The GDPR material scope, refers to the activities that are within or outside the scope of the instrument, and it is stated in Art.2; and the GDPR territorial scope refers to the application of the regulation to organisations within and outside the EU*, and it is stated in Art.3.
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To be accurate regarding the full applicability of the GDPR, you need a deep and clear understanding of both scopes. In particular, this brief explores the GDPR territorial scope, to help when deciding whether the regulation applies to an organisation or not.
In line with Art. 3, the GDPR applies to:
- An EU establishment of a data controller or processor, processing personal data in the context of activities, regardless of where the data is processed;
- A Non-EU establishment of a data controller or processor, processing personal data of persons who are in the Union because their offering goods/services (paid or for free) or monitoring the behavior of those individuals within the Union; and,
- Where EU Member State Law applies by virtue of public international law.
- “establishment” is taken in a broad sense and hence does not specify any particular legal form either legal personality thus captures entities such as branches and subsidiaries.
- An organisation is considered “established” where it exercises any real and effective activity – even a minimal one- through stable arrangements in one or more EU Member States.
- For point 1, keep in mind that the GDPR applies regardless of whether the actual processing takes place in the Union or not.
- In line with Recital 14, “the protection afforded by the GDPR should apply to natural persons, whatever their nationality or place of residence, in relation to the processing of their personal data.”
- For point 2, the mere existence of a website would not be sufficient to ascertain the intention of offering goods/services to data subjects who are in the Union. Keep in mind Recital 23, “factors such as language or a currency generally used in one or more Member States with the possibility of ordering goods and services in that other language, or the mentioning of customers or users who are in the Union, may make it apparent that the controller envisages offering goods or services to data subjects in the Union”.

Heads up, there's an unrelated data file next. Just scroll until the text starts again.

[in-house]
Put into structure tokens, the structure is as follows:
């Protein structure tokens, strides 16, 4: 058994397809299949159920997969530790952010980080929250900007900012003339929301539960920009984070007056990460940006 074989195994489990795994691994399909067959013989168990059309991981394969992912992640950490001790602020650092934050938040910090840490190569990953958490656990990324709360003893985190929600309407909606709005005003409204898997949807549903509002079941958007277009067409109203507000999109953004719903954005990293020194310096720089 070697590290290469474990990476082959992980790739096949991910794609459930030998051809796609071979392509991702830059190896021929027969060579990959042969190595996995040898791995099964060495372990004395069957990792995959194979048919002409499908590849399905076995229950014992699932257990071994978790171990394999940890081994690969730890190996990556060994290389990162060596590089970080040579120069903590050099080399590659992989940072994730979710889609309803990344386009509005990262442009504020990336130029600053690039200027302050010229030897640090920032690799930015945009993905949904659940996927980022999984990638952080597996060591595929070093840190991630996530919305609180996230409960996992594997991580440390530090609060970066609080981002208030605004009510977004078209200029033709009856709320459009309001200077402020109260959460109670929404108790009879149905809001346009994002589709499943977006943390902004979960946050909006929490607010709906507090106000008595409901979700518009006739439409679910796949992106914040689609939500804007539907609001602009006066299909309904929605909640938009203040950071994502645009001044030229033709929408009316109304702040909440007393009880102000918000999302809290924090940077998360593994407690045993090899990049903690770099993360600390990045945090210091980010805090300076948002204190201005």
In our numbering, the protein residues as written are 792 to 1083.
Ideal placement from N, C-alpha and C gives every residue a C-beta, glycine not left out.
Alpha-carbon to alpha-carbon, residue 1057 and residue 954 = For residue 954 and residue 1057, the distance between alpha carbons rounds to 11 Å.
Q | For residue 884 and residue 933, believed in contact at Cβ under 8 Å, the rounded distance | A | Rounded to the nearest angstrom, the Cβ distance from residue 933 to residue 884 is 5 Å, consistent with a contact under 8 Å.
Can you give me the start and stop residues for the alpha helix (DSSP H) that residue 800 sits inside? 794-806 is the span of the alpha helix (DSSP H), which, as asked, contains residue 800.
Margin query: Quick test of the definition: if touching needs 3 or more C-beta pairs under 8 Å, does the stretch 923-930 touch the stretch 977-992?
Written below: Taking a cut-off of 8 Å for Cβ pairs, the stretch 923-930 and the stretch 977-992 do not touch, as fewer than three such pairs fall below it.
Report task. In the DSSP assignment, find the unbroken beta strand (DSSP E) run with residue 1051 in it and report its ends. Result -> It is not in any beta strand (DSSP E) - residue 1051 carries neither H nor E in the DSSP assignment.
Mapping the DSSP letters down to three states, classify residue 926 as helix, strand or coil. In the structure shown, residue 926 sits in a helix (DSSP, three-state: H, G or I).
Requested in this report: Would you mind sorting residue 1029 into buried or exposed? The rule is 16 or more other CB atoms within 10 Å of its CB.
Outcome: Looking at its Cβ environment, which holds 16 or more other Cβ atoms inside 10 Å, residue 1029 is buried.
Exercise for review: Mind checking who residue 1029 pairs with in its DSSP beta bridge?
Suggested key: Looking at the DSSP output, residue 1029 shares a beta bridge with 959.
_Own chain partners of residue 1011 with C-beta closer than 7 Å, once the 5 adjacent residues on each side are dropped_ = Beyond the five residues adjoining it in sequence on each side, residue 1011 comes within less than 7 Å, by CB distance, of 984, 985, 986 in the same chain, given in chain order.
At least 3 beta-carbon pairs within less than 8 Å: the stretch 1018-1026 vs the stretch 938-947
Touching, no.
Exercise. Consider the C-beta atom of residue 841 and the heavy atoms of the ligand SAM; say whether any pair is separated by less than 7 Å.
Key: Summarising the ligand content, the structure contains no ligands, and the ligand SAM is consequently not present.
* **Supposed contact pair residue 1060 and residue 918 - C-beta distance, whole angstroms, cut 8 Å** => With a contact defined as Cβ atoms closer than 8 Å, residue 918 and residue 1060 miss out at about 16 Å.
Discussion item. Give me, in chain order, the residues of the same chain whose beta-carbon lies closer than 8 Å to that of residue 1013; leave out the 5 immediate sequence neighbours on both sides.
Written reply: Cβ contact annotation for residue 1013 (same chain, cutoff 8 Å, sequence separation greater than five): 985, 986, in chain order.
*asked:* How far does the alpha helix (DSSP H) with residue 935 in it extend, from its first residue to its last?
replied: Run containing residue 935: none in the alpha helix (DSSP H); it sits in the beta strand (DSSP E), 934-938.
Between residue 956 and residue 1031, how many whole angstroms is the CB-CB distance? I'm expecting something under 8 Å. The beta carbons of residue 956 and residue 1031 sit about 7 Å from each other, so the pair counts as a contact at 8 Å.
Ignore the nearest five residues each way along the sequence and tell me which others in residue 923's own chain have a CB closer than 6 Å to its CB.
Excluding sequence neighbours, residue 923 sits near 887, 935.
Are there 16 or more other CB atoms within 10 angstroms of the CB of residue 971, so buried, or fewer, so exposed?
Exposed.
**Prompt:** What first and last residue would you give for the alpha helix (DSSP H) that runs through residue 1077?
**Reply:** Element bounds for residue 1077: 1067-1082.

- Also, for point 2, consider points 82 and 83 in the cases of Pammer v Reederei Karl Schlüter GmbH & Co and Hotel Alpenhof v Heller (joined cases). However, be aware that the list is not exhaustive and shall be observed on a case by case basis.
- “Monitoring” see Recital 24: “whether the natural persons are tracked on the internet including potential subsequent use of personal data processing techniques which consist in profiling a natural person, particularly in order to take decisions concerning her or him or for analysing or predicting her or his personal preferences, behaviours, and attitudes”.
- “Profiling” refer to Article 4(4) and the last revised Guidelines on Automated individual decision-making and Profiling for the purposes of Regulation 2016/679.
- For point 3, Recital 25, gives the example of a diplomatic mission or consular position.
Finally, do not forget that the data controllers and processor not established in the EU that falls under Article 3(2) must appoint an EU-based representative, in line with Article 27.
Talacka.com/lawinfographic made available this brief and lawinfographic with the aim to provide you with a clear understanding of the territorial scope of the GDPR.
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* Currently, the GDPR is not relevant for the EEA (no yet, but soon): http://www.efta.int/eea-lex/32016R0679
- Pammer v Reederei Karl Schlüter GmbH & Co and Hotel Alpenhof v Heller (joined cases) http://curia.europa.eu/juris/document/document.jsf?text=&docid=83437&pageIndex=0&doclang=en&mode=lst&dir=&occ=first&part=1&cid=534325
- Last revised Guidelines on Automated individual decision-making and Profiling for the purposes of Regulation 2016/679 http://ec.europa.eu/newsroom/article29/news.cfm?item_type=1360
- Who does the data protection law apply to? – European Commission